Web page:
A safety profile of medications used to treat Waldenström's macroglobulinemia

Ramón García-Sanz, Cristina Jiménez, Verónica González De La Calle, María Eugenia Sarasquete
Expert Opinion on Drug Safety 2018, 17 (6): 609-621

INTRODUCTION: Waldenström's macroglobulinemia (WM) is a B-cell lymphoproliferative disease with serum IgM monoclonal component and bone marrow infiltration by lymphoplasmacytic lymphoma. Traditional therapy was based on that regimens used for closely related entities, such as chronic lymphocytic leukemia or multiple myeloma. This resulted in a lack of drugs specifically approved for WM, until the discovery of the Bruton Tyrosine Kinase (BTK) inhibitors.

AREAS COVERED: Two main therapeutic attitudes are possible: (1) conventional therapies based on combinations with alkylating agents or proteasome inhibitors with steroids and anti-CD20 monoclonal antibodies or (2) new approaches with BTK inhibitors, usually alone. Other possibilities such as BCL2 inhibitors, PI3K/AKT inhibitors, and others are currently under evaluation, but we will focus the review on the most consolidated approaches that are available for patients with WM at different stages of the disease. PubMed, Web of Science, and were queried for the keywords 'Waldenstrom macroglobulinemia' and the different drugs here evaluated through 1 February 2018.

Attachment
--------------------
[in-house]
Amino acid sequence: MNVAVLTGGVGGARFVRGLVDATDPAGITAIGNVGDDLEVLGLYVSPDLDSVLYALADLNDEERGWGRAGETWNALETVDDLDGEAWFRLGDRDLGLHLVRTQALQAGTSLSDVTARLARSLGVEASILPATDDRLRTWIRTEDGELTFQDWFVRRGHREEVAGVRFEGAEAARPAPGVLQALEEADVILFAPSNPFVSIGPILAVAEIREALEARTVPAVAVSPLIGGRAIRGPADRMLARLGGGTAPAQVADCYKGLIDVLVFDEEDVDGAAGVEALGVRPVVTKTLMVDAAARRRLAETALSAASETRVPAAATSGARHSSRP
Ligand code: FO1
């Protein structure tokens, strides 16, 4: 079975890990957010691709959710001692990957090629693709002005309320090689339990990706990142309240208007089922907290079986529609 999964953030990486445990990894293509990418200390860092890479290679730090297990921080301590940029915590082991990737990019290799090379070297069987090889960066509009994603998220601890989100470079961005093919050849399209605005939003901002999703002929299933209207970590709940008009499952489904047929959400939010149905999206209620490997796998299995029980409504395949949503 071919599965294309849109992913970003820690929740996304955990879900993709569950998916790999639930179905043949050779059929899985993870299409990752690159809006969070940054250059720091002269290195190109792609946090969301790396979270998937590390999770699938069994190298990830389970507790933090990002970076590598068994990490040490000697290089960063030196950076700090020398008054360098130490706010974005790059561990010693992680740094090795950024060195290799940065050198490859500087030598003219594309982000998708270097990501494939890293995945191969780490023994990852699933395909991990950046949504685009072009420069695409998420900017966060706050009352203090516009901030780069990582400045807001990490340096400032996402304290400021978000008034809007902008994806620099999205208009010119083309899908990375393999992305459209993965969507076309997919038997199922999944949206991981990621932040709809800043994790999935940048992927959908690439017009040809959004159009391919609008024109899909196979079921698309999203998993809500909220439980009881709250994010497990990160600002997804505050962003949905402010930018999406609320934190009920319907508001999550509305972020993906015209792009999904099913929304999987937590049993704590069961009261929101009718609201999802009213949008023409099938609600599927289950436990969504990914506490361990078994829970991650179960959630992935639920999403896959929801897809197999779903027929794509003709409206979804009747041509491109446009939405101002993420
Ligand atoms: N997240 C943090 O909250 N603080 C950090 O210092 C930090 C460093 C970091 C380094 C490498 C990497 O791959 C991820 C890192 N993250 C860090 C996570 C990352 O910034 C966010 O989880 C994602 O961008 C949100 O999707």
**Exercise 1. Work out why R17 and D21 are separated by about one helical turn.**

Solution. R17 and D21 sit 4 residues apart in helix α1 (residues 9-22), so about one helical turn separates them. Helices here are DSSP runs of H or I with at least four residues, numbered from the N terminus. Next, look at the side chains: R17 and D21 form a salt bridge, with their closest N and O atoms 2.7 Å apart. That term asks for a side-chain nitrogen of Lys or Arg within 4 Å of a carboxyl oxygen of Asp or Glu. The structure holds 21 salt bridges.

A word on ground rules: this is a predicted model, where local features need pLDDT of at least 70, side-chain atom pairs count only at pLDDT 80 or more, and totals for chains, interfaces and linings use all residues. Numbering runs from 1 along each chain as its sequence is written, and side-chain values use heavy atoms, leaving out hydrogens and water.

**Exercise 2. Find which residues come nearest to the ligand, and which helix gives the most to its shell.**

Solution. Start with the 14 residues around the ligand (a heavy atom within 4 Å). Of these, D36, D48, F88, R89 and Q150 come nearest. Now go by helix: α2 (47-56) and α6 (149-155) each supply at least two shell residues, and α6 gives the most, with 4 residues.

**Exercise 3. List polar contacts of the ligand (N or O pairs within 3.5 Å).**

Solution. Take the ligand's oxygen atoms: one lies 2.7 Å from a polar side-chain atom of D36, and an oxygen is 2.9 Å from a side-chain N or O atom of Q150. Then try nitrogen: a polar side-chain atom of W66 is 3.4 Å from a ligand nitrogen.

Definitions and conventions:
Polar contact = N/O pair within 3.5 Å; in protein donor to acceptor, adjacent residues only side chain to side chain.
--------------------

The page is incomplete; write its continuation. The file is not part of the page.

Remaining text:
EXPERT OPINION: Although WM has no many specific drugs, there are many possible therapies, including Ibrutinib, the first formally approved drug for this disorder.


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